On the other hand, moderate heatwaves have generally seen countries produce record amounts of solar energy. Naturally, the longer the heatwave lasts, the more power will be produced and potentially stored. Furthermore, summertime, during which heatwaves are usually the most severe and common, has longer days and clearer skies. In these circumstances, even though high temperatures reduce panels’ efficiency, solar power can generate substantially more electricity.

Furthermore, solar panel technology is continuously innovating. Producers are developing new systems with superior temperature coefficients and efficiency. As a result, nowadays, solar panels are tailored to the climate specifics of high-temperature regions. Furthermore, researchers are even exploring how solar panels might work at night. Stanford scientists recently modified commercially available solar panels to generate a small amount of electricity during nighttime – 50 milliwatts per square meter. Alternatively, this is around 0.04% of the daytime power output of a regular panel. While this is sufficient only for low energy-consuming appliances, including nighttime lighting and charging devices, it can prove helpful for rural and off-grid areas. 

Solar Power as a Tool For Climate Change Mitigation and Energy System Stability

The global energy system struggles to cope with extreme and prolonged heat since most power sources require cooling to function properly. However, solar power is proving to be a powerful and efficient tool for tackling the different impacts of heatwaves. 

First, substituting carbon-intensive technologies and reducing emissions helps slow down the process of climate disasters becoming more frequent and severe. Ember notes that tripling clean sources of generation and doubling energy efficiency savings would cover 85% of the fossil fuel reductions needed by 2030 to meet global climate goals. The IEA states that tripling renewables, mainly solar and wind, would be the most significant action the world could take by 2030 to keep 1.5°C within reach. IRENA’s World Energy Transitions Outlook describes these goals as a “course correction” to align with a 1.5°C pathway.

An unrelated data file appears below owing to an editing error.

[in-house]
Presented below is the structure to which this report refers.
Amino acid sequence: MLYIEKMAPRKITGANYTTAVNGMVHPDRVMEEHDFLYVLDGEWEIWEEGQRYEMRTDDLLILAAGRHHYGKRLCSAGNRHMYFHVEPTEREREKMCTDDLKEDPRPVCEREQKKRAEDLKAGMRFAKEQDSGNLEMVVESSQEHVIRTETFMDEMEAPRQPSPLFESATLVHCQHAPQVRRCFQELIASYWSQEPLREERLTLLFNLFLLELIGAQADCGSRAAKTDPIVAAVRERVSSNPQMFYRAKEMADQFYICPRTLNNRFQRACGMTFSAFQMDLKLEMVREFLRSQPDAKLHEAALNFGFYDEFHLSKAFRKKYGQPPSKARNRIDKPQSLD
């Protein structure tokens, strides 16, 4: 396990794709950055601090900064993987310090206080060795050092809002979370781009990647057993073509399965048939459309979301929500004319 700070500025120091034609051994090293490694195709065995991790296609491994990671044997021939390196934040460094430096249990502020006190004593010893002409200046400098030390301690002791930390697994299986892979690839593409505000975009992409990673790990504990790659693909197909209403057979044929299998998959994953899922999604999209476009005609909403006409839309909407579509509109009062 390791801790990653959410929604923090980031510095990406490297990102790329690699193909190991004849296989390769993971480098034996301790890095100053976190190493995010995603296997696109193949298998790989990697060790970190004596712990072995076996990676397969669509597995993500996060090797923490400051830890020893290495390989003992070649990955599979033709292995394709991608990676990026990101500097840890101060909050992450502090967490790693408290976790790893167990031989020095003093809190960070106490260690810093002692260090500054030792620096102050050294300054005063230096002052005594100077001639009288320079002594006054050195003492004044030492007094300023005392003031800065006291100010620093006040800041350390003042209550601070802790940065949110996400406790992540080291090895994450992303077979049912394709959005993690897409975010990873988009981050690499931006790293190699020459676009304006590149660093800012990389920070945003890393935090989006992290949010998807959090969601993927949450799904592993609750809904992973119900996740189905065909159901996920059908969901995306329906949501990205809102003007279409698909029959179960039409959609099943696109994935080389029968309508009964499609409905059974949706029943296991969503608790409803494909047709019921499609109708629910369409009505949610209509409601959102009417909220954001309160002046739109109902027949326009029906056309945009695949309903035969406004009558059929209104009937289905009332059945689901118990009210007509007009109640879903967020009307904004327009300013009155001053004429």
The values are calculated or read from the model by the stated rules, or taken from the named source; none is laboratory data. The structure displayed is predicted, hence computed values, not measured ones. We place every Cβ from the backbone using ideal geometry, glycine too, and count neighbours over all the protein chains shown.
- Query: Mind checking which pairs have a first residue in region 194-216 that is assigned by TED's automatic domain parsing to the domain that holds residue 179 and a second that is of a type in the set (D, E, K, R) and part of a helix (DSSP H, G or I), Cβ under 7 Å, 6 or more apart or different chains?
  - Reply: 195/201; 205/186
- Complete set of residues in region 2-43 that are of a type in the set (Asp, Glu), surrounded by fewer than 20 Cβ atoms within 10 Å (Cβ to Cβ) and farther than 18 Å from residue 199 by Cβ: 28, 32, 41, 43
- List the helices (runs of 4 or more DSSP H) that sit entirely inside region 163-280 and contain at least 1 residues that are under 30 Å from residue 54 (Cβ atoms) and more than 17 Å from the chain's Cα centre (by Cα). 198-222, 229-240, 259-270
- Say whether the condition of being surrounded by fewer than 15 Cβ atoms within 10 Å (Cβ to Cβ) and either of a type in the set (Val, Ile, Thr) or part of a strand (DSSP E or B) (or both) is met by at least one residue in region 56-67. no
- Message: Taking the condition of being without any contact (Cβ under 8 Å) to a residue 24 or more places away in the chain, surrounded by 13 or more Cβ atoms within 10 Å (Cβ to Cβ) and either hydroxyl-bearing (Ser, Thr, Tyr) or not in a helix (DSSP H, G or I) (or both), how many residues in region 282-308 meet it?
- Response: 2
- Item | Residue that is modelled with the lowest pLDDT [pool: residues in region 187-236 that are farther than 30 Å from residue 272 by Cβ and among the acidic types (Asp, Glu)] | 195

Aside from being a tool for climate change mitigation, solar power is helping nations bear with heatwave-induced energy shortages and retain power system stability. According to some experts, solar panels are ideally suited to accommodate and produce power from the intense sun radiation, which is driving increased energy demand for cooling in the first place. Without it, the impact of heatwaves on energy systems would have been way more substantial. Furthermore, building up solar power capacity would ensure that countries won’t have to switch back to coal in cases of increased stress on their energy systems, as recent heatwaves worldwide have shown.

Whether it is about panels in a desert in the Middle East or on residential rooftops in Japan, solar power is proving to be a reliable solution that will help ease the strain on the energy system in a climate-friendly and affordable way. 

by Viktor Tachev

Viktor has years of experience in financial markets and energy finance, working as a marketing consultant and content creator for leading institutions, NGOs, and tech startups. He is a regular contributor to knowledge hubs and magazines, tackling the latest trends in sustainability and green energy.